Home Sciences What would happen if the world cut all its emissions today?

What would happen if the world cut all its emissions today?

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Imagine the planet’s atmosphere as a Cup of coffee and greenhouse gas emissions such as a teaspoon that, for decades now, stirs and alters the contents of the vessel. Now imagine that we intend to stop stirring the drink. Even if we were to pick up the spoon right now, either all at once or gradually, the coffee would remain tainted for a while. Like that coffee, the climate also follows a certain inertia; something that, according to the experts, should be taken into account to design stronger climate measures and pacts to avert climate catastrophe.

The scenario is the following. If the humanity will slam on the brakes all its greenhouse gas emissions, there would still be a 42% chance to suffer a global rise in temperatures above 1.5 degrees on average; the threshold from which, as hundreds of studies and analyzes warn, the climate crisis will cause much more serious damage to people’s health, biodiversity and ecosystems. This is due to the life (and especially the longevity) of greenhouse gases in the atmosphere. Also to those issued decades ago.

According to a new study published this Monday in the scientific journal ‘Nature Climate Change’, even if we stopped today all emissions of carbon dioxide, methane, nitrogen oxide and miscellaneous aerosols, global thermometers would rise at least 0.2 degrees. This, added to current global warming, would already raise thermometers above 1.5 degrees on average compared to the pre-industrial era. This increase in temperatures could last 10-20 years before, as we said at the beginning, the climate stabilized again.

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As argued michelle dvoraka scientist at the University of Washington and author of this analysis, “it is important to differentiate how much global warming can be avoided with our actions and how much is unavoidable due to past emissions“. This premise is key to understanding the future of “climatic phenomena that respond rapidly to changes in global temperature, such as the evolution arctic ice and the extreme events such as heat waves or floods,” adds Kyle Armorassociate professor of atmospheric sciences and co-author of this study.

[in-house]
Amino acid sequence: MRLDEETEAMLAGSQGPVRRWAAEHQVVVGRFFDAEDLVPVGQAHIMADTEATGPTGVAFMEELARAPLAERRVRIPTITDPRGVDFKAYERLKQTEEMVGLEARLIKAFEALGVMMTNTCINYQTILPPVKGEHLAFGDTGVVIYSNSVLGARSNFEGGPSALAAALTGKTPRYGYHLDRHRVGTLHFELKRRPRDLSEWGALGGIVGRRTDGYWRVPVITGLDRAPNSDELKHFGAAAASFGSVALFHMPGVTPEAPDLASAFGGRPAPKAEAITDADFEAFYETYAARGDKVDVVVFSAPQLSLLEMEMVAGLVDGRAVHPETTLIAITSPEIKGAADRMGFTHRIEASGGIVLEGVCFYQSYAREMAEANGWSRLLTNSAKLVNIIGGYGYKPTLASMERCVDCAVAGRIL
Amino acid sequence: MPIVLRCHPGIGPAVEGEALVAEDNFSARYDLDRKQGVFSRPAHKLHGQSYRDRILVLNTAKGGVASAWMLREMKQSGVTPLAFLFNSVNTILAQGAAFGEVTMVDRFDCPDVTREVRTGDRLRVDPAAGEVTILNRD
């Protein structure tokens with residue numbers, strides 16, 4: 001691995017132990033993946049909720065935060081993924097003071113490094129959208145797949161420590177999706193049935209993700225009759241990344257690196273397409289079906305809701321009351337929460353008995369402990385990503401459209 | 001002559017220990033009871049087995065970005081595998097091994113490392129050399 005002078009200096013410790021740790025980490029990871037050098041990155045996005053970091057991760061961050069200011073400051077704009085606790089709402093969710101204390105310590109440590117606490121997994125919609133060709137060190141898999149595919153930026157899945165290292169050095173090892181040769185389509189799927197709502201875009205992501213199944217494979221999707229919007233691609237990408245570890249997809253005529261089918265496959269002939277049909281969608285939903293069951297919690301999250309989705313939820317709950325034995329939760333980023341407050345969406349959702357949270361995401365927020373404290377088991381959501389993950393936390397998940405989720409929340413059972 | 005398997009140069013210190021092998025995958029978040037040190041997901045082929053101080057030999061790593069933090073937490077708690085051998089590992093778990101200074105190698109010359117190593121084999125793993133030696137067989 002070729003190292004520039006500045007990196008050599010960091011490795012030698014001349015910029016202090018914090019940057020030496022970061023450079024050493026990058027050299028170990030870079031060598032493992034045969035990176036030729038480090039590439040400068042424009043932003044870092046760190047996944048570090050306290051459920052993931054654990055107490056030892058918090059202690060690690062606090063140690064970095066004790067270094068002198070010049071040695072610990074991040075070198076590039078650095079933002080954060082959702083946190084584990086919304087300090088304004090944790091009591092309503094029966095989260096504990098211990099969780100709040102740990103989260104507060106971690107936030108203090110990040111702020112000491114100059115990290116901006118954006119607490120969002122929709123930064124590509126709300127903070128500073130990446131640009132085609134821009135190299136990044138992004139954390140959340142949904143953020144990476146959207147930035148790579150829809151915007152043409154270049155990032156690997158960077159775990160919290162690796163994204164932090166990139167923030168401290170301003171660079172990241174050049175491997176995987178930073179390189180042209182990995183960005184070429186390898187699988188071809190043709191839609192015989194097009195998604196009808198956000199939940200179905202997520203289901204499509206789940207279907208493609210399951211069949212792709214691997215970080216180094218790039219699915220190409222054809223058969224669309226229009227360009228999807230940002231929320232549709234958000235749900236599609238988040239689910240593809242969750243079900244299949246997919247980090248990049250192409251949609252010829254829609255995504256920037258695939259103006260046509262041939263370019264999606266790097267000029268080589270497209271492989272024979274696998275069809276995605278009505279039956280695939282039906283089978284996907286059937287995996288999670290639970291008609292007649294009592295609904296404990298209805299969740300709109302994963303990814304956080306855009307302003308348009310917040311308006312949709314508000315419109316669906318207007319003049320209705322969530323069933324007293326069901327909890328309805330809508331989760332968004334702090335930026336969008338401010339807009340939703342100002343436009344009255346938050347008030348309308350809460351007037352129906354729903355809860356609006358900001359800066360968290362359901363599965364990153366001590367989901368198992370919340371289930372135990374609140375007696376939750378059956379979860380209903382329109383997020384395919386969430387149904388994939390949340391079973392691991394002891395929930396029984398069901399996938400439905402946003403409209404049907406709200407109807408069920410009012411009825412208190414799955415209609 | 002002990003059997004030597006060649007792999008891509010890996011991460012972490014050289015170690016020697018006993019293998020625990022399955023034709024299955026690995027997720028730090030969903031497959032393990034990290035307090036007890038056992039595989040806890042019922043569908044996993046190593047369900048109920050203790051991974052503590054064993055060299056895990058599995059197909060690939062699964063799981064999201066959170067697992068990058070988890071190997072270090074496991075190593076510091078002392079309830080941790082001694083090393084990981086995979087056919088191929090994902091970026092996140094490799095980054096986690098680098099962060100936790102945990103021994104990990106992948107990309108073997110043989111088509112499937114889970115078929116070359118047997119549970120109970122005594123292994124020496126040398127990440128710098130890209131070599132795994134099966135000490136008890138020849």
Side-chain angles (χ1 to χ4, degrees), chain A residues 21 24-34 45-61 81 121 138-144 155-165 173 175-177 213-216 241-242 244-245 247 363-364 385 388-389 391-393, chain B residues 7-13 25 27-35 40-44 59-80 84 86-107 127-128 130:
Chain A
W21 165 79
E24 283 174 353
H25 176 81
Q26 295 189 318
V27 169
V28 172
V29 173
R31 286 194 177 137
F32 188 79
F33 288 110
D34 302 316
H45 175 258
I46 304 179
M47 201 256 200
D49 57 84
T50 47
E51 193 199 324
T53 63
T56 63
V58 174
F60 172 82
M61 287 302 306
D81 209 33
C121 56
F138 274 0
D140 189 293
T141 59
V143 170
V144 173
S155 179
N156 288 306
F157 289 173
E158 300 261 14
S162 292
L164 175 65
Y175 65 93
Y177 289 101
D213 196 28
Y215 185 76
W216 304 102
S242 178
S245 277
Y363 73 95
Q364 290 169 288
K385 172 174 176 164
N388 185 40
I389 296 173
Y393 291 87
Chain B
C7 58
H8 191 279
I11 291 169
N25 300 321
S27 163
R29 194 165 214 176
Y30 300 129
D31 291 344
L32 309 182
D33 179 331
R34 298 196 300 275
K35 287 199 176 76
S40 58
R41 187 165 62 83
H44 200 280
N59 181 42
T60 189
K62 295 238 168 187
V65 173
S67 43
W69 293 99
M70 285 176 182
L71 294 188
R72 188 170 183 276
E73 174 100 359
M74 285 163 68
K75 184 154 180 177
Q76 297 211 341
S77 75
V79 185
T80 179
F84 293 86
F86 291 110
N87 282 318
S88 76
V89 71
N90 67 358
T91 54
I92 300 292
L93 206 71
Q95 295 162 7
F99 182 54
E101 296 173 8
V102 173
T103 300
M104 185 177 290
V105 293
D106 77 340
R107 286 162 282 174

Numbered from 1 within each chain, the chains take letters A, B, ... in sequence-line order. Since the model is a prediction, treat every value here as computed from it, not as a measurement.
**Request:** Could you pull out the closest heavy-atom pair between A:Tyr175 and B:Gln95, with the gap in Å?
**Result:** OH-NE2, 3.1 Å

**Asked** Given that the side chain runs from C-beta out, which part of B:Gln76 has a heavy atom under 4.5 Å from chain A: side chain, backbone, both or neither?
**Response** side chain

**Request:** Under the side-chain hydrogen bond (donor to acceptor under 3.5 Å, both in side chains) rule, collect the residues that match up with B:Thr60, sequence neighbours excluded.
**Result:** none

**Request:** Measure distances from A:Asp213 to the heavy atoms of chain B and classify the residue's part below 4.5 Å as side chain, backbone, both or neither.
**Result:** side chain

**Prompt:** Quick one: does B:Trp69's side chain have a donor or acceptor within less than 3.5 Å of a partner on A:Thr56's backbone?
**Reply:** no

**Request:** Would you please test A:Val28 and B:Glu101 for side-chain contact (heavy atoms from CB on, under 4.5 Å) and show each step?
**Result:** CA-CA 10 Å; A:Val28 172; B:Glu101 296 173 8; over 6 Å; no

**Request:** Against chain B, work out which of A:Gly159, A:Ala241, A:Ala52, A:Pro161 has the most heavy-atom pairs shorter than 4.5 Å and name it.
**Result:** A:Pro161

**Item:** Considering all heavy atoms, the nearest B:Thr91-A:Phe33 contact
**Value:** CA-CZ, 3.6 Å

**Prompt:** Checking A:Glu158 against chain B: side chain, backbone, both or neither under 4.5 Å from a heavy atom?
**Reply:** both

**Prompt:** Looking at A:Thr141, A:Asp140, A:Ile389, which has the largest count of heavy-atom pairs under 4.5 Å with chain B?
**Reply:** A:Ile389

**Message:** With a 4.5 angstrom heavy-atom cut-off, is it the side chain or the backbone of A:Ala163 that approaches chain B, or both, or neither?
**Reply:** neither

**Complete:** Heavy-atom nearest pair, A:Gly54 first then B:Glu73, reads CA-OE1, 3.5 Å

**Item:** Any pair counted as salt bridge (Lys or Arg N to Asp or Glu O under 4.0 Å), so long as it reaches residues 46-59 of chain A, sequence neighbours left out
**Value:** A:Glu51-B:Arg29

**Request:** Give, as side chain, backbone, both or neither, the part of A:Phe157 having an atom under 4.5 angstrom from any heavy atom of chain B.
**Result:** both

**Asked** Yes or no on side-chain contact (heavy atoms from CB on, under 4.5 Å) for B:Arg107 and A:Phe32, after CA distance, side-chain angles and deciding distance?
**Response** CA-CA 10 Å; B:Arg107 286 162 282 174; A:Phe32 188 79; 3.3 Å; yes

“It is important to differentiate how much global warming can be avoided with our actions and how much is unavoidable due to past emissions”

michelle dvorak

more robust measures

This is not the first (and certainly not the last) wake up call launched by the scientific community to curb the climate crisis. The latest report from the Intergovernmental Panel on Climate Change (IPCC) noted that, to prevent extreme global warming, global emissions must peak before 2025 and fall practically by half before reaching 2030. In this sense, the experts ask apply “quick”, “deep” and “immediate” mitigation strategies at all levels of society. Starting, for example, with “a substantial reduction in the use of fossil fuels.”

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Stopping the climate crisis is still possible, but not with the climate plans agreed to date. A recent analysis of short-term and short-term climate commitments estimates that current ‘climate promises’ only offer a 10% chance to limit the global increase in temperatures to 1.5 degrees. “The actions taken to date to address this global challenge are clearly insufficient“, warned just a few days ago a manifesto promoted by twenty scientists from around the world.

Until now, experts argue, the vast majority of climate plans have simply raised “incremental changes” Y “actions that fit” at current development standards. But to mitigate the advance of the climate crisis, it would be necessary to promote “transformative, deep and urgent changes in economies and societies”. More so if we take into account that, as the study at the head of this article points out, the measures we take now it will take decades to curb rising temperatures.

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